MTU should be set to 1500 bytes as on Ethernet interfaces. But this may not work with some Ethernet cards that do not support receiving/transmitting of full size Ethernet packets with VLAN header added (1500 bytes data + 4 bytes VLAN header + 14 bytes Ethernet header). In this situation MTU 1496 can be used, but note that this will cause packet fragmentation if larger packets have to be sent over interface. At the same time remember that MTU 1496 may cause problems if path MTU discovery is not working properly between source and destination.
To add and enable a VLAN interface named test with vlan-id=1 on interface ether1:
[admin@MikroTik] interface vlan> add name=test vlan-id=1 interface=ether1 [admin@MikroTik] interface vlan> print Flags: X - disabled, R - running # NAME MTU ARP VLAN-ID INTERFACE 0 X test 1500 enabled 1 ether1 [admin@MikroTik] interface vlan> enable 0 [admin@MikroTik] interface vlan> print Flags: X - disabled, R - running # NAME MTU ARP VLAN-ID INTERFACE 0 R test 1500 enabled 1 ether1 [admin@MikroTik] interface vlan>
VLAN example on MikroTik Routers
Let us assume that we have two or more MikroTik RouterOS routers connected with a hub. Interfaces to the physical network, where VLAN is to be created is ether1 for all of them (it is needed only for example simplification, it is NOT a must).
To connect computers through VLAN they must be connected physically and unique IP addresses should be assigned them so that they could ping each other. Then on each of them the VLAN interface should be created:
[admin@MikroTik] interface vlan> add name=test vlan-id=32 interface=ether1 [admin@MikroTik] interface vlan> print Flags: X - disabled, R - running # NAME MTU ARP VLAN-ID INTERFACE 0 R test 1500 enabled 32 ether1 [admin@MikroTik] interface vlan>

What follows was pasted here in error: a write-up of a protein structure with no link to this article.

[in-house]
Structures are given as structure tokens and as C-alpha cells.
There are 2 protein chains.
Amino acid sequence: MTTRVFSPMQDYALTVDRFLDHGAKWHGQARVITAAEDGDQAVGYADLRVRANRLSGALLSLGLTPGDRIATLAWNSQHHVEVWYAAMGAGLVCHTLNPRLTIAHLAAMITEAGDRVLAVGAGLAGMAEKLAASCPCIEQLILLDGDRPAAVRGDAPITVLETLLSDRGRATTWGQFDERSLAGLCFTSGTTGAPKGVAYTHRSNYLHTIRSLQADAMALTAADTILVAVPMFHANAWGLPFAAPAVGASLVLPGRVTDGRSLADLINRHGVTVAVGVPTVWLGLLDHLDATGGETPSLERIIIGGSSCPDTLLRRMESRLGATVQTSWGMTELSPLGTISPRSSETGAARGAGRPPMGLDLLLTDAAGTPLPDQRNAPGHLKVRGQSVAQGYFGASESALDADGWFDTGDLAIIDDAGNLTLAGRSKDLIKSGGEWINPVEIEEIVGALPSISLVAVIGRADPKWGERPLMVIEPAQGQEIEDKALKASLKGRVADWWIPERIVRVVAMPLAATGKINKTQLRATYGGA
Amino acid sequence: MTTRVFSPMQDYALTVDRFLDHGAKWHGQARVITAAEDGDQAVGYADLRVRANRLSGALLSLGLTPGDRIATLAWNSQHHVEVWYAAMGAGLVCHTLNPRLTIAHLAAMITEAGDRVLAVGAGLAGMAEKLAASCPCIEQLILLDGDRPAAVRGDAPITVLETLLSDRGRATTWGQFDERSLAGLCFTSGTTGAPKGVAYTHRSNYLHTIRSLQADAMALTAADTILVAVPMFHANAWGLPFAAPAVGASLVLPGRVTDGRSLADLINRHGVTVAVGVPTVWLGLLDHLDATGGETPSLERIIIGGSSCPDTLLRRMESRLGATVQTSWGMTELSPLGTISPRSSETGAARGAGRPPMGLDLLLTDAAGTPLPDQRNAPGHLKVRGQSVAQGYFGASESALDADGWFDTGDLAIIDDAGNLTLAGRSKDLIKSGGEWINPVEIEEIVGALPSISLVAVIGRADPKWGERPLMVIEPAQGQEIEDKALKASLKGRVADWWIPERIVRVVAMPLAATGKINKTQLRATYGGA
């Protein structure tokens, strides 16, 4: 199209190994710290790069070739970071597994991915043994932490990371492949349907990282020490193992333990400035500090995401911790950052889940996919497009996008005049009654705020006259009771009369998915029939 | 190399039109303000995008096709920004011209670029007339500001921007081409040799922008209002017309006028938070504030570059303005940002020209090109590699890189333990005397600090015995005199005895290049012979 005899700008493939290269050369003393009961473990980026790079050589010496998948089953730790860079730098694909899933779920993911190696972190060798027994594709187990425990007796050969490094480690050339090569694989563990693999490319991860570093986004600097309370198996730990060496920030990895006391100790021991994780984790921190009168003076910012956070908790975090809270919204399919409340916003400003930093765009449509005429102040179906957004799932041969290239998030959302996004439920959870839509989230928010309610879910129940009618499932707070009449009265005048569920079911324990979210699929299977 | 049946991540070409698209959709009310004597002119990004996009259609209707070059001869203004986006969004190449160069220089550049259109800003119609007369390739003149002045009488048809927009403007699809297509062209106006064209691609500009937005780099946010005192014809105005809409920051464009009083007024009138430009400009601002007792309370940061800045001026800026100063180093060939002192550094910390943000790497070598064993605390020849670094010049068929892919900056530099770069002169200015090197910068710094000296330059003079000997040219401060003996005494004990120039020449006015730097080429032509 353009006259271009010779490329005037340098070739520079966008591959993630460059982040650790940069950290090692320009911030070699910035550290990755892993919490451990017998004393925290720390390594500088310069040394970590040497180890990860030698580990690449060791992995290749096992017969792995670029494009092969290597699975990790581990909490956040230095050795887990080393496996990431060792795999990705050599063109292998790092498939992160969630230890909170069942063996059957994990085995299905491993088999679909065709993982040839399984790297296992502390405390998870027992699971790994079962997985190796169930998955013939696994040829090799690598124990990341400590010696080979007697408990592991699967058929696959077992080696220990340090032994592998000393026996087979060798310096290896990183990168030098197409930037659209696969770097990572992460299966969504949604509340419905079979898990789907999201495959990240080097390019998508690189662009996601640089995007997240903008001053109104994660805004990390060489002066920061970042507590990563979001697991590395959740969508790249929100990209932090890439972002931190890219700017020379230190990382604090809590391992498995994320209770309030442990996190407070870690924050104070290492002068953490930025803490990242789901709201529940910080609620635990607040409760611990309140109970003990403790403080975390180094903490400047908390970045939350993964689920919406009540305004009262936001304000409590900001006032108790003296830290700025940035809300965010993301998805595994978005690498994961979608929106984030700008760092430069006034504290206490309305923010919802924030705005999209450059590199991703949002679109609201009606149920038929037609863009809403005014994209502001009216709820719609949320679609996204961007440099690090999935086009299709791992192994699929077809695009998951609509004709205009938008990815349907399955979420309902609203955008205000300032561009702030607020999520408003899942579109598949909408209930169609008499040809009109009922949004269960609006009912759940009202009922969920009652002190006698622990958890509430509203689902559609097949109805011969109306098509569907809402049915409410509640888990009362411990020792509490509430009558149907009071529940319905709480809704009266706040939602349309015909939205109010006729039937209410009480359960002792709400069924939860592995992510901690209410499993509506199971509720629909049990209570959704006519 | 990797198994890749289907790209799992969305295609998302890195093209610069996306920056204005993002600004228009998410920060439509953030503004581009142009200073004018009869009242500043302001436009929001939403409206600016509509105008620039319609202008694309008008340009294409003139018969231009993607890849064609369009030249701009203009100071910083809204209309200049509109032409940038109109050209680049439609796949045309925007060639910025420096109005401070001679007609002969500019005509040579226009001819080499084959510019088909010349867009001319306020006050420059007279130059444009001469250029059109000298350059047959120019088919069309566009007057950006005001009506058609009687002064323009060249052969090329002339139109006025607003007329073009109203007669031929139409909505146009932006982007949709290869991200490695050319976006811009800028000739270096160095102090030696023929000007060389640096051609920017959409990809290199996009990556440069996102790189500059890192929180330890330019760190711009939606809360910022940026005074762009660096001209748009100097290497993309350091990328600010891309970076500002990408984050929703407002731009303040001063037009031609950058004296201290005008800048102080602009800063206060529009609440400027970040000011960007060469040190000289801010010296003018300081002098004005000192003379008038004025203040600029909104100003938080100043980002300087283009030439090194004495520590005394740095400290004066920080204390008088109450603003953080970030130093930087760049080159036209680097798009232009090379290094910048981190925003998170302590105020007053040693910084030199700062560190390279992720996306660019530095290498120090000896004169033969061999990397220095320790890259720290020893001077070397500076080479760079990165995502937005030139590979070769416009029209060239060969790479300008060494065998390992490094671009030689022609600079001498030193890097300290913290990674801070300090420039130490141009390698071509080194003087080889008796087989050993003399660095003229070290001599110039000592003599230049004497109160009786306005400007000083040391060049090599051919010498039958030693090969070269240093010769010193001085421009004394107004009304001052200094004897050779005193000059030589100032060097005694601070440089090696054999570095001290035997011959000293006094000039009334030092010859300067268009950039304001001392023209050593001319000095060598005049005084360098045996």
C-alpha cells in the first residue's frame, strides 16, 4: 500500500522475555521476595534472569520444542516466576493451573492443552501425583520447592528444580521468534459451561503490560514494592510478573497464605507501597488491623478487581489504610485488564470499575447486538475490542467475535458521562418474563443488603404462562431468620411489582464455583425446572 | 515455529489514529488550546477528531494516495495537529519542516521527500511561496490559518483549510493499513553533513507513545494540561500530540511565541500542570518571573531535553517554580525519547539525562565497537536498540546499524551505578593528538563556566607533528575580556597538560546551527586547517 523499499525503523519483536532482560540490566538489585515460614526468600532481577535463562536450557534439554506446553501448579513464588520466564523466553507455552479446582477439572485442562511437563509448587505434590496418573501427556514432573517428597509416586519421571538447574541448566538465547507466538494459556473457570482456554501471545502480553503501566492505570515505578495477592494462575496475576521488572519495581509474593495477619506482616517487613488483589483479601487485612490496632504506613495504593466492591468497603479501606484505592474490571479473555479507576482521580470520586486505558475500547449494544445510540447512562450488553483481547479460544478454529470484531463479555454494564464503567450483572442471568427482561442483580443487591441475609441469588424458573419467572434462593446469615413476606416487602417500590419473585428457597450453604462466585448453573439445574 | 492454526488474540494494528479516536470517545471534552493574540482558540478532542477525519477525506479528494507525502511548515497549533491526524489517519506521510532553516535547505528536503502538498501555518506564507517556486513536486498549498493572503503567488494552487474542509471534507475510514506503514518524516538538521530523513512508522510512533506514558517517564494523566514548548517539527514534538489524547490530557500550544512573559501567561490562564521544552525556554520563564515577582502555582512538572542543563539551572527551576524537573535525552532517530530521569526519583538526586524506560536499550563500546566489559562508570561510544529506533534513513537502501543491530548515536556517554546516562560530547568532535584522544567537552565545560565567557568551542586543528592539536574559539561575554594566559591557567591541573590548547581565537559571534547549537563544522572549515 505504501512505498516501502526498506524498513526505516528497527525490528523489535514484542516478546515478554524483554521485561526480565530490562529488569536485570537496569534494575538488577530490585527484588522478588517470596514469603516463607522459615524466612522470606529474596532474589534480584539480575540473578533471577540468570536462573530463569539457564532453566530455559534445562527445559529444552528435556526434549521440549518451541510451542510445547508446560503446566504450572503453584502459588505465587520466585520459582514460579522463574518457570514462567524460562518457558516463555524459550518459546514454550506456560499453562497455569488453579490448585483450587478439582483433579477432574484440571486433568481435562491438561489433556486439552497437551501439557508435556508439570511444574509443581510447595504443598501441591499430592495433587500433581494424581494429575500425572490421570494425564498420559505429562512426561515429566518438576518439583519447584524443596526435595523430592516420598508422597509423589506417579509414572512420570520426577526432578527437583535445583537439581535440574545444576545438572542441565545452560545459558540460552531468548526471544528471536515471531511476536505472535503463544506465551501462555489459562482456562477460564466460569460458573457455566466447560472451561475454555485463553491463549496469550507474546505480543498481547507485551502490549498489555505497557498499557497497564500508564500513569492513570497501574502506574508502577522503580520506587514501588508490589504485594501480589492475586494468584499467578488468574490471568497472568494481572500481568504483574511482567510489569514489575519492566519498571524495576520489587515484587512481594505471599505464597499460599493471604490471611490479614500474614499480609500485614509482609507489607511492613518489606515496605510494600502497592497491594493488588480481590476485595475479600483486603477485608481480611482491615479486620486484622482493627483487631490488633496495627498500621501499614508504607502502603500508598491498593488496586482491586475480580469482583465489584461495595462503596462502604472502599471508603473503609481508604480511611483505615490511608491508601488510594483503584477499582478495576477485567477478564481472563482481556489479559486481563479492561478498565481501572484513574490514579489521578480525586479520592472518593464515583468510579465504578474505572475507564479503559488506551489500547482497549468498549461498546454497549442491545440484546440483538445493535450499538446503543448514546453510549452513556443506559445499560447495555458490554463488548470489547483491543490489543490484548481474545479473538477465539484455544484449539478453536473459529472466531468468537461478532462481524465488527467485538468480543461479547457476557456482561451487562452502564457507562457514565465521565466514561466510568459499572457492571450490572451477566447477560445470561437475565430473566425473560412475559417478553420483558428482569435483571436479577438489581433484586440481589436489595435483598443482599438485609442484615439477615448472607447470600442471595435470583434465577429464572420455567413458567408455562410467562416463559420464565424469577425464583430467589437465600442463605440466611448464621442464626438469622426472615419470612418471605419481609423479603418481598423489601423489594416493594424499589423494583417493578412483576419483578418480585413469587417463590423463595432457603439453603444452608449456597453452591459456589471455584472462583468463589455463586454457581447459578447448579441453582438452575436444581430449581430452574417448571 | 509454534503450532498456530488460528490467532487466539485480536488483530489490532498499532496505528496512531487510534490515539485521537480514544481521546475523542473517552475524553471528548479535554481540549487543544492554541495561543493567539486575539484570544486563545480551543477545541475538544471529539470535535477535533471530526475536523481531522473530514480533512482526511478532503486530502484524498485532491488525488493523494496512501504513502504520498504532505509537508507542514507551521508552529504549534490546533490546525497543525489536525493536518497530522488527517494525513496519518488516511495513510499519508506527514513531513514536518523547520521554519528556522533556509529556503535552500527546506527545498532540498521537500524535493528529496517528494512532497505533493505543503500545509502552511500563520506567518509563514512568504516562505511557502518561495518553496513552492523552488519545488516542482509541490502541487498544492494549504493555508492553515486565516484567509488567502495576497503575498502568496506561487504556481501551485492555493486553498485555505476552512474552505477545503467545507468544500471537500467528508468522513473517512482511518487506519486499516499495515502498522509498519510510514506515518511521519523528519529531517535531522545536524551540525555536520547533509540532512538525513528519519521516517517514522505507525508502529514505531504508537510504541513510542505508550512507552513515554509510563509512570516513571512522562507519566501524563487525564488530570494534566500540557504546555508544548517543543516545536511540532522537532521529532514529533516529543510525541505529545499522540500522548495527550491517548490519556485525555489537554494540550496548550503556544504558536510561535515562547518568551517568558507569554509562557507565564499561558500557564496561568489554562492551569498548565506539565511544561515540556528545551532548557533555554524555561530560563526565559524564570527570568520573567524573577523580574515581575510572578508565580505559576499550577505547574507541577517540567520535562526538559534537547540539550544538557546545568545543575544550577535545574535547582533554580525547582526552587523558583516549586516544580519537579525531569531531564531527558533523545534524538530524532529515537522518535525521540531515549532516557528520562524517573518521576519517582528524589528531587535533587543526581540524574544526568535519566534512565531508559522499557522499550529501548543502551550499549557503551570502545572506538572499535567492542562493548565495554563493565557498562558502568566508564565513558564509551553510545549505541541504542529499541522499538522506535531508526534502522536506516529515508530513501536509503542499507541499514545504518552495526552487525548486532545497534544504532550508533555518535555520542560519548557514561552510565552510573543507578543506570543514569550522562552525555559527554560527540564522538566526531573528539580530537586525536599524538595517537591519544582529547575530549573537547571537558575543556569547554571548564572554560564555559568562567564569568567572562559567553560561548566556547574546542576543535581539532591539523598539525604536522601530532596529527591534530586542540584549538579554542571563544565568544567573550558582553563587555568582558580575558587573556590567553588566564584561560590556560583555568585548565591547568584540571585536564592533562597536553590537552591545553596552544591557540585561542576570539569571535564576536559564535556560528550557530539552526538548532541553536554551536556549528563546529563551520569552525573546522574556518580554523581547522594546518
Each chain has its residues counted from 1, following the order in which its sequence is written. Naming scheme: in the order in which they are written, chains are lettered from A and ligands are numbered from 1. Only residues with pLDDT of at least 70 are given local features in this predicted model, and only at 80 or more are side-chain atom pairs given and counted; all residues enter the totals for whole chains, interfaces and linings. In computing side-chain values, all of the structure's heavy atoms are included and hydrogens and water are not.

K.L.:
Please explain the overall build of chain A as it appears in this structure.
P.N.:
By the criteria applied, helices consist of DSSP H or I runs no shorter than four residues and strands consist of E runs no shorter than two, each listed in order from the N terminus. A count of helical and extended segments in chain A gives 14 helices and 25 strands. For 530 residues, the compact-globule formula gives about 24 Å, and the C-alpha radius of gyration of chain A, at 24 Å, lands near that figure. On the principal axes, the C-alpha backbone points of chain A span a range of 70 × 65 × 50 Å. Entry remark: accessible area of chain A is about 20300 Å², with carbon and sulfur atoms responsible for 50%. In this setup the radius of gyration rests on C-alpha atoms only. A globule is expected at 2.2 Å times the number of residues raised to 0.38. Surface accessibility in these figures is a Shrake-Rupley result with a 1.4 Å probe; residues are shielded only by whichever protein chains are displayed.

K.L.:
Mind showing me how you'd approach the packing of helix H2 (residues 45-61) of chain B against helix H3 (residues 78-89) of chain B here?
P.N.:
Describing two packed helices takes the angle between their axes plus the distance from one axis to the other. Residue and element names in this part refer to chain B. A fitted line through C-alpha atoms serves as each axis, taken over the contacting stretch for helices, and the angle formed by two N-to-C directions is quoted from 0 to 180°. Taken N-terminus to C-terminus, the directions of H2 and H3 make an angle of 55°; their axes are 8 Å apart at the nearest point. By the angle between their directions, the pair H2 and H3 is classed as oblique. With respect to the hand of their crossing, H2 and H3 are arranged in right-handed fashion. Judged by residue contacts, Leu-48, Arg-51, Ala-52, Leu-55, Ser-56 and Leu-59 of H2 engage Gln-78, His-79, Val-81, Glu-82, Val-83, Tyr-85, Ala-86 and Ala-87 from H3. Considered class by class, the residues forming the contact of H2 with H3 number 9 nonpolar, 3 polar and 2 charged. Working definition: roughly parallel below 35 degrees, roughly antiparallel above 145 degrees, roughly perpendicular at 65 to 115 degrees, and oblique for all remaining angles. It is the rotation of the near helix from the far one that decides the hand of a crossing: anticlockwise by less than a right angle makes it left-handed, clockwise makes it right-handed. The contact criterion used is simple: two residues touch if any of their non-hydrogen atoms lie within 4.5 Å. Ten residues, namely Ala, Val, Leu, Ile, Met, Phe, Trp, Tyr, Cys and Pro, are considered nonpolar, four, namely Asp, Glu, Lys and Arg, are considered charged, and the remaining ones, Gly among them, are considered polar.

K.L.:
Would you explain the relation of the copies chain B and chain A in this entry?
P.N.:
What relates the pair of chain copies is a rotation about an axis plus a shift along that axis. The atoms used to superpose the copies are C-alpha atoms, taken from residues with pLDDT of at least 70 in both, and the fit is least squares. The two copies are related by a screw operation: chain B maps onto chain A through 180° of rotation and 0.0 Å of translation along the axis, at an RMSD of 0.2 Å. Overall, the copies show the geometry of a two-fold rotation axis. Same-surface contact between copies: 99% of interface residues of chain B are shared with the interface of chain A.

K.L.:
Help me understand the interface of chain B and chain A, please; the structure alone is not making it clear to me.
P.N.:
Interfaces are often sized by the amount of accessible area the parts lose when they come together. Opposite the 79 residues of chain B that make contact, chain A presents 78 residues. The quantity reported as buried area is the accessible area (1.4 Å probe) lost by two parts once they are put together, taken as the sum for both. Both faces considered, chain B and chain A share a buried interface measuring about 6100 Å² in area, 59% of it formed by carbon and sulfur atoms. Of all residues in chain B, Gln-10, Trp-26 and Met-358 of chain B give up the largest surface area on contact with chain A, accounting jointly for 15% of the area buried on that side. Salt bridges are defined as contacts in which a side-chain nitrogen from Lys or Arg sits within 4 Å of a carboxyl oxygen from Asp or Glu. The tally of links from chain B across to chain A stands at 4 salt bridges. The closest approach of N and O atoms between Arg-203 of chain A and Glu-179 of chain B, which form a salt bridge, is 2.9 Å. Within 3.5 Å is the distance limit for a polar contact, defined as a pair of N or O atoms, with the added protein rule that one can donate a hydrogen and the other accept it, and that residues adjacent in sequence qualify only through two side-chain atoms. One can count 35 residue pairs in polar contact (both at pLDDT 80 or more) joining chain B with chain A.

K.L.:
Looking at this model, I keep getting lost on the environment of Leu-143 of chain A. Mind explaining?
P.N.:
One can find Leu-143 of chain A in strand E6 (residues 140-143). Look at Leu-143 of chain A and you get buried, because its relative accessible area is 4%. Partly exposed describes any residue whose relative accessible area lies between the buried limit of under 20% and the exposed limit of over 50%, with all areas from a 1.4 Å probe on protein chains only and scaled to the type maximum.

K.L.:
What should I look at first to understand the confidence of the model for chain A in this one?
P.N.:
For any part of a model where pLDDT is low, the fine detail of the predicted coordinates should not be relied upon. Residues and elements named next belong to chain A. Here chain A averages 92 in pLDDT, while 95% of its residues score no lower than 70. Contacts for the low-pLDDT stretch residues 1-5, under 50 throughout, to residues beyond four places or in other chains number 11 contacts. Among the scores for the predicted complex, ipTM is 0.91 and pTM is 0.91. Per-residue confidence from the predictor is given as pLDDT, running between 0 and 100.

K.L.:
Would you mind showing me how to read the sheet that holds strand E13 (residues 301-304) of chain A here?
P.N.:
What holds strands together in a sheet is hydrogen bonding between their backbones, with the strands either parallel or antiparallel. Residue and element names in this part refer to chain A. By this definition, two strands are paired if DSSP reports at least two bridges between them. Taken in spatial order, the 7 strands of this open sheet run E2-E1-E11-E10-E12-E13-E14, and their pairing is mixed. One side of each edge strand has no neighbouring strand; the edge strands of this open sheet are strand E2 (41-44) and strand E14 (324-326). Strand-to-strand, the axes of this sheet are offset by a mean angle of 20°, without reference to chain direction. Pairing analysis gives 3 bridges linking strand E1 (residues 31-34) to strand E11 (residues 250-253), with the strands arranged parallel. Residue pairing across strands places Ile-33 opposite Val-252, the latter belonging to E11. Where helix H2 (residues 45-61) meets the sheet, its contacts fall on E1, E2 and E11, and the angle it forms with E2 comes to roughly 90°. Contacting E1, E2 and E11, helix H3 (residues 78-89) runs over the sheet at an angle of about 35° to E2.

If the interfaces were successfully created, both of them will be running. If computers are connected incorrectly (through network device that does not retransmit or forward VLAN packets), either both or one of the interfaces will not be running.
When the interface is running, IP addresses can be assigned to the VLAN interfaces.
On the Router 1:
[admin@MikroTik] ip address> add address=10.10.10.1/24 interface=test [admin@MikroTik] ip address> print Flags: X - disabled, I - invalid, D - dynamic # ADDRESS NETWORK BROADCAST INTERFACE 0 10.0.0.204/24 10.0.0.0 10.0.0.255 ether1 1 10.20.0.1/24 10.20.0.0 10.20.0.255 pc1 2 10.10.10.1/24 10.10.10.0 10.10.10.255 test [admin@MikroTik] ip address>
On the Router 2:
[admin@MikroTik] ip address> add address=10.10.10.2/24 interface=test [admin@MikroTik] ip address> print Flags: X - disabled, I - invalid, D - dynamic # ADDRESS NETWORK BROADCAST INTERFACE 0 10.0.0.201/24 10.0.0.0 10.0.0.255 ether1 1 10.10.10.2/24 10.10.10.0 10.10.10.255 test [admin@MikroTik] ip address>
If it set up correctly, then it is possible to ping Router 2 from Router 1 and vice versa:
[admin@MikroTik] ip address> /ping 10.10.10.1 10.10.10.1 64 byte pong: ttl=255 time=3 ms 10.10.10.1 64 byte pong: ttl=255 time=4 ms 10.10.10.1 64 byte pong: ttl=255 time=10 ms 10.10.10.1 64 byte pong: ttl=255 time=5 ms 4 packets transmitted, 4 packets received, 0% packet loss round-trip min/avg/max = 3/10.5/10 ms [admin@MikroTik] ip address> /ping 10.10.10.2 10.10.10.2 64 byte pong: ttl=255 time=10 ms 10.10.10.2 64 byte pong: ttl=255 time=11 ms 10.10.10.2 64 byte pong: ttl=255 time=10 ms 10.10.10.2 64 byte pong: ttl=255 time=13 ms 4 packets transmitted, 4 packets received, 0% packet loss round-trip min/avg/max = 10/11/13 ms [admin@MikroTik] ip address>